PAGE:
Whether you’re suffering from TMJ headaches or other types of TMJ facial pain, the nerve is really the center of the problem. Almost all of the feelings – both painful and pleasant – involving your mouth and face go through this nerve. In fact, the brain spends about 40% of all its capacity just interpreting the signals from the trigeminal nerve and its multitude of branches.

The other reason the nerve is so important is because it feeds directly into the TMJ area so any type of Temporomandibular joint disorder is going to send pain signals shooting through that nerve.

TMJ Problems & Headaches

While there are a number of ways the TMJ and that nerve could end up causing serious headaches, one of the most common involves the disc that can be found between the joints. The disc is meant to reduce friction but in some patients the disc is destroyed by the friction or destroyed through some other means. What then happens is that every movement of that joint causes painful contact with the lower side of the brain. That contact occurs thousands of time a day and can lead to the development of severe headaches in patients.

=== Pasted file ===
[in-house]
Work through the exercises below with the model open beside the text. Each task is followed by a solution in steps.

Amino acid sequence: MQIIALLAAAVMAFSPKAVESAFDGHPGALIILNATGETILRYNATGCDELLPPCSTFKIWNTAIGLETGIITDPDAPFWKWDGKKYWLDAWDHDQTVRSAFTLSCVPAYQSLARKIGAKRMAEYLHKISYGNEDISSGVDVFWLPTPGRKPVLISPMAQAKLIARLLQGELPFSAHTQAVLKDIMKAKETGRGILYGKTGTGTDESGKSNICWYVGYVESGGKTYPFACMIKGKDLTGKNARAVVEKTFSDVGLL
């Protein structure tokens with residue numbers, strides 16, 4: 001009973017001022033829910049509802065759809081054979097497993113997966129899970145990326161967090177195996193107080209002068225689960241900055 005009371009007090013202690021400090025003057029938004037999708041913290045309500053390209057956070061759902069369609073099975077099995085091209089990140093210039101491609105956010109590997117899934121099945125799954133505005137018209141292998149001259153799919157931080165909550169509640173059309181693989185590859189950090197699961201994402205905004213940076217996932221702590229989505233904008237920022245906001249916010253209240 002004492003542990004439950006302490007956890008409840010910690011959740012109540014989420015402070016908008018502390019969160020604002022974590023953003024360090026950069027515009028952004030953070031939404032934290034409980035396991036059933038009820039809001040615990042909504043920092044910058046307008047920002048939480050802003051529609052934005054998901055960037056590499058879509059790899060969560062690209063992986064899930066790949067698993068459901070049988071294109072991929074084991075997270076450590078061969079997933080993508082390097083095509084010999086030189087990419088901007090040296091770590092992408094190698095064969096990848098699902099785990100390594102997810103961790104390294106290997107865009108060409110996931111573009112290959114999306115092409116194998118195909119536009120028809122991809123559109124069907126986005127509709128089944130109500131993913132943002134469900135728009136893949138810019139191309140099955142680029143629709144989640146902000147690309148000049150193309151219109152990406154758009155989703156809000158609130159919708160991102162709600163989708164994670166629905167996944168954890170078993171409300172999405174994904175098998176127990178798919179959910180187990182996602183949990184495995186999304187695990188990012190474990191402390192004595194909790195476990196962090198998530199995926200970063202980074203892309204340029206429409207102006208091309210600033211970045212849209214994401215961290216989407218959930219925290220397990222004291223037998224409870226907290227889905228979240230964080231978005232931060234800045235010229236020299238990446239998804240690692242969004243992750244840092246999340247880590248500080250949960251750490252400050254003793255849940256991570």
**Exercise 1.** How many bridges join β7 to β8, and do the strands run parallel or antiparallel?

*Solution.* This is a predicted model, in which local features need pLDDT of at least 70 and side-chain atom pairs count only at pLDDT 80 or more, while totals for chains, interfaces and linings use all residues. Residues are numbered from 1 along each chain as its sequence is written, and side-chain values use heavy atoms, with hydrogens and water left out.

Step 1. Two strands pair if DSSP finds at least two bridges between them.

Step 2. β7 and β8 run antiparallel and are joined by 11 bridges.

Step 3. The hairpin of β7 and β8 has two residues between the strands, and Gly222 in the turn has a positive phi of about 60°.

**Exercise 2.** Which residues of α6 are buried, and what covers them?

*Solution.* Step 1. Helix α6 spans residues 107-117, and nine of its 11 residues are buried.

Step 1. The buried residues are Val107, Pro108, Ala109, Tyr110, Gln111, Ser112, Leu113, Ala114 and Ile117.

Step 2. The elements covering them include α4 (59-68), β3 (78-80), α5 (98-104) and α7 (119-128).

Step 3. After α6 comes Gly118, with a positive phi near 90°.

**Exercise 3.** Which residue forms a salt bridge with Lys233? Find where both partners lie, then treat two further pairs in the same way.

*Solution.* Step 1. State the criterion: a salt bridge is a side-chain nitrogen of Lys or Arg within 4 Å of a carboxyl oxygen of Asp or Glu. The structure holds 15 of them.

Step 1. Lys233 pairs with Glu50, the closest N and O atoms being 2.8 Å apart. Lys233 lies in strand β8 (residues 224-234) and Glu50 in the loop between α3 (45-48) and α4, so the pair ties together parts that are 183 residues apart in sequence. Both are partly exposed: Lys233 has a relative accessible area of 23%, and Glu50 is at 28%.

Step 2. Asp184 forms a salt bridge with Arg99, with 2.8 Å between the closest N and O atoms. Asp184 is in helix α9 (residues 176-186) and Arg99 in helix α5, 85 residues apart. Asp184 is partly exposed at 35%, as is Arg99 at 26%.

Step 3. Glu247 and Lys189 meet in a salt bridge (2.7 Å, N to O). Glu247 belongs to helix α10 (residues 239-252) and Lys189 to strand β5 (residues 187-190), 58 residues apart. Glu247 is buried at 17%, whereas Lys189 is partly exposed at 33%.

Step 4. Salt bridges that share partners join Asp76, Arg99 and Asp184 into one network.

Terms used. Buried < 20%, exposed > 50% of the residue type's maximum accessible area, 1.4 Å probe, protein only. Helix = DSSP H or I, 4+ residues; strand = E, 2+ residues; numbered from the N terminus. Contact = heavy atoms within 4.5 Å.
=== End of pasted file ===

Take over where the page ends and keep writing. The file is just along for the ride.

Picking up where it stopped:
For some people TMJ headaches aren’t the problem, the pain instead is sent to other parts of their body, such as their neck or their back. However, TMJ headaches do continue to be one of the more serious side effects treated by TMJ orthodontics.

Treating TMJ Headaches

Unfortunately, many patients suffering from these headaches do not get the treatment they need. Instead, their physicians treat their condition with pain relievers or migraine medications. While those options may offer some relief when the TMJ headaches flair, they won’t solve the problem. Most people never even think of seeing a dentist because of their headaches, but that might be the best advice in many cases.

Steps to Take